Your posts about Jean Edward Smith's Grant biography greatly amused me. Aside from the plagiarism issue, I strongly suspect Smith really knows nothing at all about Grant, period. It is my belief that all the book's research, and possibly a good deal of the writing, was done by anonymous assistants. I came to this conclusion from an e-mail exchange I recently had with him.More on Smith and Grant later this week.
One of the illustrations in his Grant bio is a drawing that the caption states was done by USG at Monterey, during the Mexican War. I was a bit puzzled by this, as I had never seen this drawing before, and I had never heard that Grant continued to create artwork after he left his drawing classes at West Point. The book's photo credits said the drawing was in the "Ulysses S. Grant Papers," without specifying where this particular set of "papers" is located. I wrote to the Library of Congress, where the bulk of Grant's papers are kept, asking them about this drawing. They replied that they did not have it, and suggested that I ask John Simon about the drawing's provenance. I did so, and got back a very nice reply from him saying that he did not believe Grant produced any artwork in Mexico, he had never seen that particular picture before, and would very much like to know where Smith got his information! Dr. Simon gave me Smith's address, so I (feeling a bit like Captain Ahab in search of the whale, at this point,) wrote to the author himself, hoping for an end to this mystery.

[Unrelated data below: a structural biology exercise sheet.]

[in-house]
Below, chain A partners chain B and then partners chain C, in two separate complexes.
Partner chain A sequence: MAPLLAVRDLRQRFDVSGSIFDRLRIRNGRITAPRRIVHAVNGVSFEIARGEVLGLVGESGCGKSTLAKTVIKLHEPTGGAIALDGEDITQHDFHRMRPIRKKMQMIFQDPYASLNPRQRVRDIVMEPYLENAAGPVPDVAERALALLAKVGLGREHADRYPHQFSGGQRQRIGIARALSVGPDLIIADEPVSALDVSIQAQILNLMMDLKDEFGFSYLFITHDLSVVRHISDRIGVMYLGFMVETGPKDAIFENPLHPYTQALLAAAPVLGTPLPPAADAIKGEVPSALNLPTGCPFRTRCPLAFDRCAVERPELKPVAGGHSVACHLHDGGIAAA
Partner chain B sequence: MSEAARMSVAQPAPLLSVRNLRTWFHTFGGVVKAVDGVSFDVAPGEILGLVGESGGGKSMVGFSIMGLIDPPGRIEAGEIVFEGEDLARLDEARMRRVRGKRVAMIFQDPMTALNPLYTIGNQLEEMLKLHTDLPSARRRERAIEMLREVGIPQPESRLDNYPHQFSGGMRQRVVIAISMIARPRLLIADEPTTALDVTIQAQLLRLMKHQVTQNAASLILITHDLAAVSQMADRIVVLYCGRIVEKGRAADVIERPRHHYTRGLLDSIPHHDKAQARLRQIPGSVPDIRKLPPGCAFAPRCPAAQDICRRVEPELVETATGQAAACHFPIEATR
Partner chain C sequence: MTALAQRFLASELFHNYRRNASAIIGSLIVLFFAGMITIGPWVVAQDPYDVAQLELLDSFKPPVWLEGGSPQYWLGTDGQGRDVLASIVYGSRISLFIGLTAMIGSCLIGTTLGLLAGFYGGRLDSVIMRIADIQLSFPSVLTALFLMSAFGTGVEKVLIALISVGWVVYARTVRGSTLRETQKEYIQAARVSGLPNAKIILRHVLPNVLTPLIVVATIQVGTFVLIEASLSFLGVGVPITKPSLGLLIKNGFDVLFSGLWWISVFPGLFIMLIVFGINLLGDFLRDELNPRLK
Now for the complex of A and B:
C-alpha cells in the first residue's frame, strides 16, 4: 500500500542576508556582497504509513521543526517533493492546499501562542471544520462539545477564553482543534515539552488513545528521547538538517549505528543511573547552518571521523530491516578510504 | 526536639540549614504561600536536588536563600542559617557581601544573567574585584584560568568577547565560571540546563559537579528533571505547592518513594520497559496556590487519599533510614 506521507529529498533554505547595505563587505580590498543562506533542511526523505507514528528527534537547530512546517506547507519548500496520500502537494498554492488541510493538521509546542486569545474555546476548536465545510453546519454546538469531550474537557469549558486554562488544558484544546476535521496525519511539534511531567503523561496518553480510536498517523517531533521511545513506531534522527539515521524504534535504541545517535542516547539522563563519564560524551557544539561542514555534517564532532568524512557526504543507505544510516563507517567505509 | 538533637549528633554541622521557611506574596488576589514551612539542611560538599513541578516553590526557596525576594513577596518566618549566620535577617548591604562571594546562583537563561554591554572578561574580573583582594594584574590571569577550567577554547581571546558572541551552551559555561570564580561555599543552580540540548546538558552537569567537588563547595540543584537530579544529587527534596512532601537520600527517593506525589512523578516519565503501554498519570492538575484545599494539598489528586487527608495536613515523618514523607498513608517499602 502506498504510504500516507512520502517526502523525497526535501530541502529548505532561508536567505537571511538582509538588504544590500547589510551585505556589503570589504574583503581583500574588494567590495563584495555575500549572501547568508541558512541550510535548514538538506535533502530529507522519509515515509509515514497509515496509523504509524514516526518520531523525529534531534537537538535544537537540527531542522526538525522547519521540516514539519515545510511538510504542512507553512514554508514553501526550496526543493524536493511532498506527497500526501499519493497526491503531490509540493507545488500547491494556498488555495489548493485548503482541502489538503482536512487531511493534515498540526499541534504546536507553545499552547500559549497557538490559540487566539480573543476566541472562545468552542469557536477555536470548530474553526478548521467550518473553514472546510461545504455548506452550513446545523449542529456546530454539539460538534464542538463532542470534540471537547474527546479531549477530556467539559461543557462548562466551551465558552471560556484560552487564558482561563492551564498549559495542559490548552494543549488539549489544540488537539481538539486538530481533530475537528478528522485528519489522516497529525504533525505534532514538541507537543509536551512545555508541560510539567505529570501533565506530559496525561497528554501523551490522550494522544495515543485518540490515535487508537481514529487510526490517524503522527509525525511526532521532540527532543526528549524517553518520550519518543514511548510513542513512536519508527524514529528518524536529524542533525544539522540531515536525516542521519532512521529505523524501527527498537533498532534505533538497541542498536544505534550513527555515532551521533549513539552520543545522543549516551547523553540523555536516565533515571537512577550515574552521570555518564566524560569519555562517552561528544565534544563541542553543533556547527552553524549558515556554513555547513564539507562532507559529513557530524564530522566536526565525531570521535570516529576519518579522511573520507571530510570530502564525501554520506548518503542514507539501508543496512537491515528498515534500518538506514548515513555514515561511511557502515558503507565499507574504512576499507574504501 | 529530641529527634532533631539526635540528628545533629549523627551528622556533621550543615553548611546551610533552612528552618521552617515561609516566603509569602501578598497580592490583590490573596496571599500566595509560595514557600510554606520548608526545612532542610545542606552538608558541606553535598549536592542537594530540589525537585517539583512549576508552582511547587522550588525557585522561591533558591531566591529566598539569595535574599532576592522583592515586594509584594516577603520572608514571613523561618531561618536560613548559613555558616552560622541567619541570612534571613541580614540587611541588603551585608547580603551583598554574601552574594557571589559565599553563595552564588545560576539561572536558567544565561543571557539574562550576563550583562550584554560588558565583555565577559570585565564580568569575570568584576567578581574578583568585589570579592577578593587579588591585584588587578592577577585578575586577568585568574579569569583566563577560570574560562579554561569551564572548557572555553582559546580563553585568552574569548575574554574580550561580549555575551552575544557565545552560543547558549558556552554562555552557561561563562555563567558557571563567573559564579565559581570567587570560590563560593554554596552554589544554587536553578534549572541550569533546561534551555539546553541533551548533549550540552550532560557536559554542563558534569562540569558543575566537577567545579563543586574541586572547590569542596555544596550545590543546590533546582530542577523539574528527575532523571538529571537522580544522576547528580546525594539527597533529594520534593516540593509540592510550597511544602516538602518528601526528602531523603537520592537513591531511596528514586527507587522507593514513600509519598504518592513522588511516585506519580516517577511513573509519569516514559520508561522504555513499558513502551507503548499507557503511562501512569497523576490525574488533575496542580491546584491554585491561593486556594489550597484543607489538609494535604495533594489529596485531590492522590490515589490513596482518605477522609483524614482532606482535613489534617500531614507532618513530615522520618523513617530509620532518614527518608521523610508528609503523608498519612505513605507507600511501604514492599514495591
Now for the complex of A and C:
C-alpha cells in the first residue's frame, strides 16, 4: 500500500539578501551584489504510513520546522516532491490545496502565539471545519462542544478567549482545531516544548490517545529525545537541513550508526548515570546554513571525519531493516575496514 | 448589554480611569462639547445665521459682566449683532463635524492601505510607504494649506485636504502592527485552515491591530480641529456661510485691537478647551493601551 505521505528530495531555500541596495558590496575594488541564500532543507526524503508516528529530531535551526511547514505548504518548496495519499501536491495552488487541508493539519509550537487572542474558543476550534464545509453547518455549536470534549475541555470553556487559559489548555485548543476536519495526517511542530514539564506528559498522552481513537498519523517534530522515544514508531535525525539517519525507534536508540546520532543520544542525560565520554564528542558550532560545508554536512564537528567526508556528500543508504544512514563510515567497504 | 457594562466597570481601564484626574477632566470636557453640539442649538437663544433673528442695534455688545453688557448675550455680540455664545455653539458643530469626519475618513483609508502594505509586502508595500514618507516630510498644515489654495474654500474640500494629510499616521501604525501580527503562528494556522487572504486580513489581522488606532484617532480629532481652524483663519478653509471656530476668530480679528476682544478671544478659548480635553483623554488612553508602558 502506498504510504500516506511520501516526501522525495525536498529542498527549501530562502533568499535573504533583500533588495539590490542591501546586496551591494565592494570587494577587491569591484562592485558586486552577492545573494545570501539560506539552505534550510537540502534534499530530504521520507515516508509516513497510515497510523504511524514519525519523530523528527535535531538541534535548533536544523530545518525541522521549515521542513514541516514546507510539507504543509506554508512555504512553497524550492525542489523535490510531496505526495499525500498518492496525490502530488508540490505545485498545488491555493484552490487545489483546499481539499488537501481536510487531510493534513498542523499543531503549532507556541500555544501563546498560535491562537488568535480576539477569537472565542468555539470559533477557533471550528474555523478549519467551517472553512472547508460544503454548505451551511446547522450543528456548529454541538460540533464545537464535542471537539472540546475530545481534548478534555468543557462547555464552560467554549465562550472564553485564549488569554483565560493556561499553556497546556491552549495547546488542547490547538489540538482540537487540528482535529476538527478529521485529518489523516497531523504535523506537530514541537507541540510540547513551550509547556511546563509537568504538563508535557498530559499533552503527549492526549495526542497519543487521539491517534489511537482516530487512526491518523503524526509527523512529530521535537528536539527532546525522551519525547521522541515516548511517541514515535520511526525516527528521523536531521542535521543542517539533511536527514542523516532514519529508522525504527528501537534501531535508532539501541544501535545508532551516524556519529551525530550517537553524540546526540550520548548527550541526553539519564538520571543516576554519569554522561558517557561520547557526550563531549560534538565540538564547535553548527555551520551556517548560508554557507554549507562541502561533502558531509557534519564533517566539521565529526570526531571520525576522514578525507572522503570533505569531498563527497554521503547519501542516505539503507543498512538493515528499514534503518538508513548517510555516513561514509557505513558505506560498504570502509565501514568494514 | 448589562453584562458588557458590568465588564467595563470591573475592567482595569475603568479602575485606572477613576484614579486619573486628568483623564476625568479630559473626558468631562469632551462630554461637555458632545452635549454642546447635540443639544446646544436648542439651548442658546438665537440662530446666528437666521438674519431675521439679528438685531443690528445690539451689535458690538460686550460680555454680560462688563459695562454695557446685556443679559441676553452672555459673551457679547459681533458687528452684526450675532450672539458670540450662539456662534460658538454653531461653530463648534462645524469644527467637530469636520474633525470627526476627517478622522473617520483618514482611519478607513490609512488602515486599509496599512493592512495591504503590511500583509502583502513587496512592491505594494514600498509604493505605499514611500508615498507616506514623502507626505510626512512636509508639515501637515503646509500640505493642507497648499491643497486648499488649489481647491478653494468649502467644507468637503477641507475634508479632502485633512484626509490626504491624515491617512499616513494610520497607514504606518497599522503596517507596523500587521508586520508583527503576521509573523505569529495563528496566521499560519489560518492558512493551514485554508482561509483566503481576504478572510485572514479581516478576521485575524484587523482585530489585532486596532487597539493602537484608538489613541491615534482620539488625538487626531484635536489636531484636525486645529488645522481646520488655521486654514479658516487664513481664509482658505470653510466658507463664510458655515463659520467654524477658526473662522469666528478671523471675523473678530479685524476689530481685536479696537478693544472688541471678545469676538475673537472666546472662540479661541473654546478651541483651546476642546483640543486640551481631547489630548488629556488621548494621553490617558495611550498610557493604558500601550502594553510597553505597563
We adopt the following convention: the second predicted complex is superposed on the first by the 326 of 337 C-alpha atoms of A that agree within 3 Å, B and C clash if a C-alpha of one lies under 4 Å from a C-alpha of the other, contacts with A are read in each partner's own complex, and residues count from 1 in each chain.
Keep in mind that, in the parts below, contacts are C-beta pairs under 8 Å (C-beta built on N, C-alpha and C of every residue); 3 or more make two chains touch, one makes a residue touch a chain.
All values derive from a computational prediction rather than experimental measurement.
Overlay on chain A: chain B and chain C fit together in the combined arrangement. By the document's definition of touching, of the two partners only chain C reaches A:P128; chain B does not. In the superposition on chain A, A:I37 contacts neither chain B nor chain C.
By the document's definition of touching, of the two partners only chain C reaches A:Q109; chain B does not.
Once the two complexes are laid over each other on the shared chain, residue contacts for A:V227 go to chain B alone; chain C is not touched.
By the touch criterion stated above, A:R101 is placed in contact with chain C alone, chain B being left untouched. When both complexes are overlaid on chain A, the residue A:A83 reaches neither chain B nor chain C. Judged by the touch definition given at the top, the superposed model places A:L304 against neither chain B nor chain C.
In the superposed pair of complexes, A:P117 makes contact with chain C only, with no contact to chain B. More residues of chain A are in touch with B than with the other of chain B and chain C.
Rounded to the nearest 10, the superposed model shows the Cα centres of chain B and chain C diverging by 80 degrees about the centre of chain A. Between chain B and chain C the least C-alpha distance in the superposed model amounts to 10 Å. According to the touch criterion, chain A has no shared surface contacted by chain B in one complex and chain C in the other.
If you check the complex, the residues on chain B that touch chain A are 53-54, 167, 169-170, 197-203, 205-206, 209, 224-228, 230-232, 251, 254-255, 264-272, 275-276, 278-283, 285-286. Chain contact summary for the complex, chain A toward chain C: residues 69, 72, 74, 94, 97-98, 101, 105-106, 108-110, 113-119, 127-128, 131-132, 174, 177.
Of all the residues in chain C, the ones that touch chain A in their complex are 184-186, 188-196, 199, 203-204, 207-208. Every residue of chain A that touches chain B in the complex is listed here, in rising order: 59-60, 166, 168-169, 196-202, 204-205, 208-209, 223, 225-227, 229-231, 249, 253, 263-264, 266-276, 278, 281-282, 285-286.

Nope. Smith replied that he couldn't remember where he found this drawing or where he got the idea that Grant drew it in Mexico, but he said that he thought it could be found in Volume One of the published Grant papers. (This, after I mentioned in my letter to him that John Simon, editor of the Grant papers, had no idea where the picture came from.) Smith said he would check his Grant material and tell me what his sources were regarding this enigmatic picture. Well, that was nearly three months ago, and I have yet to hear back from him. I'm not sure if he forgot to send me the information--or if he simply had no information to send! Either way, I definitely got the impression that in the back of his mind he was thinking, "Ulysses who?"
If this is typical of professional historians nowadays, I say bring on the amateurs.
Jean Smith and Grant (cont.)
I received this message from a reader last week and it speaks for itself.